The Essential Startup Checklist to Set You Up for Success

20 percent of new businesses don’t live long enough to celebrate their first birthday. 30 percent don’t make it past two years and 50 percent don’t keep their doors open beyond five years. Stretch this timeframe to 10 years and the percentage of businesses that fail shoots up to 70.

Whichever way you slice this information, one thing is clear: the odds are stacked against startups.

Fear not, though!

Fortunate favors the prepared, which is why we’re sharing startup checklist you need to set up yourself for success.

An Idea That Solves a Unique Problem

The first step to starting a successful business is to offer a product or service that solves a real or unique market problem.

Thank of any successful startup you know. Doesn’t it offer a unique product or service?

Let’s take Uber, for instance.

The startup offers an online taxi-hailing solution, so people no longer have to go to a taxi station or flag one by the roadside. These days, the taxi comes to you. Yes, the startup is currently facing a boatload of problems, but with a reported $120 billion valuation, it’s pretty much the definition of success.

Before launching your startup, do a viability test to determine whether your idea and the resulting product/service have a strong market demand.

A Business Plan

A common mistake entrepreneurs make is setting up startups without a business plan. Don’t be like them!

Starting a business without a business plan is a sure way to fail. It’s more like building a multi-story house with a blueprint. It’ll likely crumble to the ground at some point.

As such, spend time on writing a business plan for your startup. Ensure it includes the following:

  • Executive summary
  • Company description – includes founder information ad business model
  • Organizational structure
  • Product and service offerings
  • Marketing and sales strategy
  • Capital needs and profit projections

A good business plan not only serves as a pathway to success but also make it easier to get funding. Potential investors will want to study your plan before making any financial commitments.

Adequate Capital

Now that we’re on the money vibe, another essential item on any startup checklist is adequate capital.

Your business plan will flesh out the amount of money you need to launch the startup and keep it on its feet until it’s generating enough revenues to sustain itself.

However, chances are high you lack enough money to start a business. What should you do?

The good news is there are a couple of ways to finance a new business. You can crowdfund on platforms such as Kickstarter, borrow from friends and family, take out a personal or business loan from an institutional lender, or reach out to equity investors.

Regardless of the source your turn to, ensure you have access to enough capital before opening your startup. Don’t work under the assumption your business will start generating profits soon after opening. It’s possible to burn through cash for several months or even years without turning a profit, so a sizeable stash of cash in the bank will keep you going.

Co-Founder Agreement  

If you have a co-founder, you might want to sit down for this:

Studies show startups with two or more founders have greater odds of success, raise 30 percent more capital, and grow their customer base 3 times as fast. Indeed, Google, Facebook, Apple, Twitter, and several other successful companies were founded by more than one person.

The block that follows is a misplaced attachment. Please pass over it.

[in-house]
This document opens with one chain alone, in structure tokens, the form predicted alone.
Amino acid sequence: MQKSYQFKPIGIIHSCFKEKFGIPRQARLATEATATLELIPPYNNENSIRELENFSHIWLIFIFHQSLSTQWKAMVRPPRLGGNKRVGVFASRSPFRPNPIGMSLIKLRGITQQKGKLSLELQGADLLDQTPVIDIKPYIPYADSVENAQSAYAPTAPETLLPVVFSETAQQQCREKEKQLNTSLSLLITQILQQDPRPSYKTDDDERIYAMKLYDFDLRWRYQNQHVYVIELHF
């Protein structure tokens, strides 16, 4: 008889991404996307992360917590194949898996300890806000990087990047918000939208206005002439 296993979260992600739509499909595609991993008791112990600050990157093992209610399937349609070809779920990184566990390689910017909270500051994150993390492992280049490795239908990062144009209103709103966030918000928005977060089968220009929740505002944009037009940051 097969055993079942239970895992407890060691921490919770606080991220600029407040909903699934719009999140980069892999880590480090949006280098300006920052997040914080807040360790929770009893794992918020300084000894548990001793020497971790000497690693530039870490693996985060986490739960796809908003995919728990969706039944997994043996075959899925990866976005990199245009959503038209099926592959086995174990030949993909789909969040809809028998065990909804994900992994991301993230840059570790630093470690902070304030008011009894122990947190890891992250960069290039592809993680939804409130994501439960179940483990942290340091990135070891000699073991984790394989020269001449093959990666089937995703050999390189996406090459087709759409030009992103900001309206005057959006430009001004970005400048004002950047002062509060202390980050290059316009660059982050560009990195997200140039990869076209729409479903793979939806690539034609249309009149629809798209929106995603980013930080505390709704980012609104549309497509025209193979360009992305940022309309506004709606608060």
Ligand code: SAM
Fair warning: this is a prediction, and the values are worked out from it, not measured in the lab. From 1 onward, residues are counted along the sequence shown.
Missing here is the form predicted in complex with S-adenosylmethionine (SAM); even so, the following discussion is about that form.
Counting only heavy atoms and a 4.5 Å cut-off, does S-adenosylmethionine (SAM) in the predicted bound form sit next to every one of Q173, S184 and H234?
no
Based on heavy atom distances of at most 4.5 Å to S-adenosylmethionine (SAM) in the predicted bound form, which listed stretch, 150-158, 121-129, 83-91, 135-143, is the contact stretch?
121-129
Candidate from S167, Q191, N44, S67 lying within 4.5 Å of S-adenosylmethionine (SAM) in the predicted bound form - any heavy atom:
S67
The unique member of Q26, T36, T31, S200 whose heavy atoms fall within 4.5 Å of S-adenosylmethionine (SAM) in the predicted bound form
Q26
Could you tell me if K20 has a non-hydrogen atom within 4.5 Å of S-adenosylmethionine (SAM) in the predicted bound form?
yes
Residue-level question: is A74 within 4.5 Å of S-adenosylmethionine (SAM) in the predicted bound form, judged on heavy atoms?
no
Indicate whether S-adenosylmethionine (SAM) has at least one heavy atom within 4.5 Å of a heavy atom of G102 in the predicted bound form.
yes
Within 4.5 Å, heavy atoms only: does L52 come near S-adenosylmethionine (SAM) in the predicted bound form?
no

However, co-founding can be a recipe for disaster, especially when disagreements crop up. To prevent future problems, it’s important to thrash out co-founder agreement before you establish your company. This should clearly identify each founder’s roles, responsibilities, and liabilities.

With an agreement in place, it’s easy to iron out issues and even fight off legal challenges in a court of law.

Permits and Licenses

In September 2018, Lime, a $1 billion scooter startup was denied a permit to operate in San Francisco. This is just one of the many startups that go out of business because they’re unable to secure the appropriate permits and licenses.

The lesson here is you need to ensure your business is properly licensed and has the relevant permits before launch.

Also, it pays to do a study and try to forecast how regulatory changes in the future will affect your business. If you’re in an industry that’s prone to regulatory shifts, it’s best to proceed with caution. In some cases, it might be better to abandon your idea entirely than pump money into a startup that can be shut by a change in regulations.

The Right Business Insurance

Entrepreneurship is all about taking risks.

If your startup fails, you’ll lose money. If your product causes harm to consumers, they’ll slap you with a class action lawsuit that can render you bankrupt. If an employee sustains an injury on the job, you’ll have to compensate them for their pain and any loss of income. The risks are endless.

Luckily, you have the power to transfer the risk to another person. All you have to do is purchase the right business insurance. Be sure to learn more about the various insurance products for businesses and identify the ones your startup needs.

Don’t Launch Without This Startup Checklist!

Although the failure rates for new businesses are on the decline, a lot rides on your preparation before launch.

With this startup checklist, you now know the bases you need to cover before your startup opens its doors to customers. And, this list is by no means exhaustive. Depending on the nature of your business, there are other additional details you might need to take care of before opening.

Good luck and keep tabs on our blog for more business lessons and tips.